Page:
I have been a devotee of the macaron for quite some time, especially since sampling them on a pilgrimage to Laduree in Paris. I have tried to make the little delicacies at home, with limited success. So imagine my delight when I met the lovely Lynne (from Medici Macarons) at Hebden Bridge WI. We soon started talking everything Macaron and Lynne kindly invited me to sit in on a making and baking session.


Session 1 involved me watching Lynne like a hawk (believe me, if you think macarons are expensive then you really do need to see exactly how many stages are involved in making the almond delights and how precarious the process is!). Lynne went on to turn out a beautiful set, practically perfect in every way!

Session 2 started with me opting for a Macaron flavour (I went with lemon) and making a batch of macarons from scratch. Under Lynne’s watchful eye I made the lemon curd secret centre and continued to make the Macaron shells and buttercream. I picked up some magnificent hints and tips on making the batter and filling the shells – end result, not too shabby!


Thanks so much for your time and effort, Lynne (a.k.a the Macaron Queen!). I am officially Medici mad and can’t wait to taste your latest Yorkshire rhubarb and custard creation!

You can find out out more about all things Medici at: www.medicimacarons.co.uk or on Facebook at: www.facebook.com/MediciMacarons


Yesterday I spent a very happy afternoon with fellow Hebden-ite Sue Leslie, (A Thousand Paper Wishes), who is beautifully skilled in all things paper and specialises in handcrafting paper for special occasions.

Off to Sue’s paper craft room we went (it’s awesome by the way!). First up, we made a gorgeous paper decoration from a section of an old black and white paperback book:


I was so surprised at how easy it was and how quickly you could get results! So therapeutic too, with the repetitive folding motion. My kinda crafting!

photo 2

Next, we made a gorgeous paper heart decoration, again, stunning results for the work of moments!

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I really loved perusing Sue’s work in progress, including the exquisite paper lanterns for fairy lights, fabulous brooches and colourful origami boxes.

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I returned home with a small supply of paper for further projects (including a Booths Christmas catalogue, perfect for making a paper Christmas tree, apparently!) and more folding examples and can’t wait to get cracking.

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You can browse more of Sue’s handiwork down at Spirals on Market St, Hebden Bridge, or find more information on her Facebook page here: https://www.facebook.com/AThousandPaperWishes

All in all, a wonderful afternoon! Thank-you for taking the time to pass on your skills Sue and for providing such inspiration! A proper paper craft convert 🙂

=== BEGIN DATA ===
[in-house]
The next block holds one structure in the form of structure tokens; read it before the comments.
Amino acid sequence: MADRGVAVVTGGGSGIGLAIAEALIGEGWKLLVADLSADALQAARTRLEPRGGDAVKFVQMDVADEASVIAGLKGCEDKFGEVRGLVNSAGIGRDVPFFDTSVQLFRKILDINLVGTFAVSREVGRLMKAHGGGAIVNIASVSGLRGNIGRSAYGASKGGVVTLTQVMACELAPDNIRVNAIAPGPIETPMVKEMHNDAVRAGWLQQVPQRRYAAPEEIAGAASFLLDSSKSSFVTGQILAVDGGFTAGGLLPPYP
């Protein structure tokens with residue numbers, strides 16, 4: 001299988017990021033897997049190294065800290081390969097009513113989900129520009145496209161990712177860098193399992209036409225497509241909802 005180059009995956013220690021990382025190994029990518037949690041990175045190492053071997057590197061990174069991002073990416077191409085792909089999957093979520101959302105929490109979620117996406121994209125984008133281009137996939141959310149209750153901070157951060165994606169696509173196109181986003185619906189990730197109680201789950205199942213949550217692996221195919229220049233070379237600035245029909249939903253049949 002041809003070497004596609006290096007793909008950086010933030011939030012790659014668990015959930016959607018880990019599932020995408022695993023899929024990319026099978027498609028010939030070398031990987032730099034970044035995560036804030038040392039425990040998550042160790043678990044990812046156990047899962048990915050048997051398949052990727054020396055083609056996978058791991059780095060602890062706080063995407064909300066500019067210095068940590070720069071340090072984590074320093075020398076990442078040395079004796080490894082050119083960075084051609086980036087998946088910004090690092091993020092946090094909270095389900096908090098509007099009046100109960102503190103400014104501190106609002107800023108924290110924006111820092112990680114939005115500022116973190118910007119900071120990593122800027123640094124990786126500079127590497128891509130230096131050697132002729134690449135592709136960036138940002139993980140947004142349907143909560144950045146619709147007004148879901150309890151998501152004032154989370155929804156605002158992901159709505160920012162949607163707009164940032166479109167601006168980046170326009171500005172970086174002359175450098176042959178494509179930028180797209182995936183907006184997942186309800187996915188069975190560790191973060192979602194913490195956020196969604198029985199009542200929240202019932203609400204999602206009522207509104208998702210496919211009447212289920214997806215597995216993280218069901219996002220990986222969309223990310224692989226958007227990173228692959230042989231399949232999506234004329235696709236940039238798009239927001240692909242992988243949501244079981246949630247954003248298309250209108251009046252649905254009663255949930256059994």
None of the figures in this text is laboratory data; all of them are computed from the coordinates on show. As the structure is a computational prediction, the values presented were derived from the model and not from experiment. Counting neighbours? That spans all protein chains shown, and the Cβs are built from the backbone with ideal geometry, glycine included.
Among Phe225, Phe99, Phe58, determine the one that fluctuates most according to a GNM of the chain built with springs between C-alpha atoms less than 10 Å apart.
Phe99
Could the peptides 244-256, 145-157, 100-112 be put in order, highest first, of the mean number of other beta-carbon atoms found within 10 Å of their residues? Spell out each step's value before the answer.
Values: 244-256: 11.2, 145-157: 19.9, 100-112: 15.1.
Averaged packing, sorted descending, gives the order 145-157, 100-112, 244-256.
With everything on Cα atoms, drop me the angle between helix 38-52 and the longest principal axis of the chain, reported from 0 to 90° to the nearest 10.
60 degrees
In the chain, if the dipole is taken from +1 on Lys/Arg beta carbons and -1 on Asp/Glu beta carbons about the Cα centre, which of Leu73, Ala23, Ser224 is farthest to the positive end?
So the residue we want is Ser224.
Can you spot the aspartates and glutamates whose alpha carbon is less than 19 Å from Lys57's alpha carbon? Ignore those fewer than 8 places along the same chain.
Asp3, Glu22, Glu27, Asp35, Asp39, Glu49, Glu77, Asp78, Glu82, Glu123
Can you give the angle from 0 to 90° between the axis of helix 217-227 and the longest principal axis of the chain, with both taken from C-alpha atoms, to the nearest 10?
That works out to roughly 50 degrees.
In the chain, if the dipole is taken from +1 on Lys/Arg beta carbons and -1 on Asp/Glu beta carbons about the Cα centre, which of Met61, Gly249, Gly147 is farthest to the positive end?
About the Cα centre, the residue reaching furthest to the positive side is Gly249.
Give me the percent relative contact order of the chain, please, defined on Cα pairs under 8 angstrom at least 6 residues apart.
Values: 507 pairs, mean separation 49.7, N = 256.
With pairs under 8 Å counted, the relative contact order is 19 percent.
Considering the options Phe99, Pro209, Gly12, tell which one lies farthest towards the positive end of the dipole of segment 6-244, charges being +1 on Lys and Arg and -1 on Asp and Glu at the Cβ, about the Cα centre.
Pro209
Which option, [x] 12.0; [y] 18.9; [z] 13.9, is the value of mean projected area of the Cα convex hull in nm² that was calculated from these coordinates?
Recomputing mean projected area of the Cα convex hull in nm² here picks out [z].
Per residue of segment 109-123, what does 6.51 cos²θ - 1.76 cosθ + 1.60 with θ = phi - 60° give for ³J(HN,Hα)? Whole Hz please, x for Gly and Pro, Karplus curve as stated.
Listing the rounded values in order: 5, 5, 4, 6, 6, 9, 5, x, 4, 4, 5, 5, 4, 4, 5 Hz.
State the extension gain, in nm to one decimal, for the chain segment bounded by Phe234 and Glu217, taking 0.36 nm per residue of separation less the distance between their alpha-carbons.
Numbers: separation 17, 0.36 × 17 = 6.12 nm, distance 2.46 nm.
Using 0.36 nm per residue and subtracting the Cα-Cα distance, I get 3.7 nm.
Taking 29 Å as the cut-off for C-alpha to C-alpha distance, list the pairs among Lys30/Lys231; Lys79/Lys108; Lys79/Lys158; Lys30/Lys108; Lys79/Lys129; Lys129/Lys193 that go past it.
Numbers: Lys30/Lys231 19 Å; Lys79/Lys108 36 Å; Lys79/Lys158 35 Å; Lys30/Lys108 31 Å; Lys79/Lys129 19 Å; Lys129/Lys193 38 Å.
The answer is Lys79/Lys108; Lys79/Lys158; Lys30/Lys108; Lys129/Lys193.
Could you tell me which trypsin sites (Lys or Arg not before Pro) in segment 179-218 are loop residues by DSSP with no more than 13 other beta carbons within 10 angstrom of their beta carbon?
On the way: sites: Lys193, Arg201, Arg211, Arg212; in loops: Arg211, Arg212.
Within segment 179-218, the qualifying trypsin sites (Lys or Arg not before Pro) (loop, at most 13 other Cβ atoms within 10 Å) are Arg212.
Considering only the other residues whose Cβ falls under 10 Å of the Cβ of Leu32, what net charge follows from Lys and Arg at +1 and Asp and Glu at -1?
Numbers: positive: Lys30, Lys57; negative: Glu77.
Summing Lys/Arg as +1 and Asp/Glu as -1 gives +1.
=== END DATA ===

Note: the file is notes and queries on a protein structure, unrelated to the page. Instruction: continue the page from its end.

I have been a member of the Women’s Institute for about a year now, it’s been a wonderful experience, and I’m delighted to have become a new member at the Manchester group.

When I heard about the plans for a collaborative tea party get together with Oxfam, to coincide with celebrations across the globe for International Women’s Day on March 8th, at my first meeting I knew I wanted to get involved.

Hair today

As we were invited to dress up and sport our most wonderful headwear I decided to make a piece in keeping with the theme and was inspired to make a playing card hair-clip.


The clip was really easy to make, and I am delighted with the result.

Details of how to make this slide can be found at the wonderful Cut-Out-And-Keep website.

Queen of Hearts, Jam Tarts

Next up, what to bake for the tea table! No mad hatters event would ever be complete without a plate of jam tarts so I set about searching for a recipe. I settled on this one from Zoe Makes Cakes, as I liked the cute little heart pastry toppers, which kept with the theme perfectly.

I haven’t made too many jam tarts previously, as I’ve always been a little disappointed with the final result as hot jam spills over the sides of the pastry base. This recipe suggested using a high fruit content jam to counteract this, and I think it worked a treat!


Alice-in-Wonderland Themed Cupcakes

To accompany the tarts I also wanted to bake some cupcakes. I cooked up 12 lemon beauties, using a tried and tested Little Primrose Bakery recipe.

After a bit of research I came up with a few easy decorating ideas, based on the ‘ready-to-roll’ icing method;

Queen of Hearts design
Tea-cup motif
Mushroom (as eaten by Alice)
Tweedle-dum (or was it Tweedle-Dee?)

The cakes were fun, if a little tricky, to decorate, but I had some very complimentary comments from women in group, which was lovely!


Floral Delights

During the course of the afternoon we had a bouquet making demo by the wonderful boutique florist, David Wayman. I took along a jam-jar and got to make a beautiful posy. I usually struggle with making a ‘random’ anything (my inner ocd just takes over!) so it was great to pick up some tips from the expert! Can’t wait to try this out again!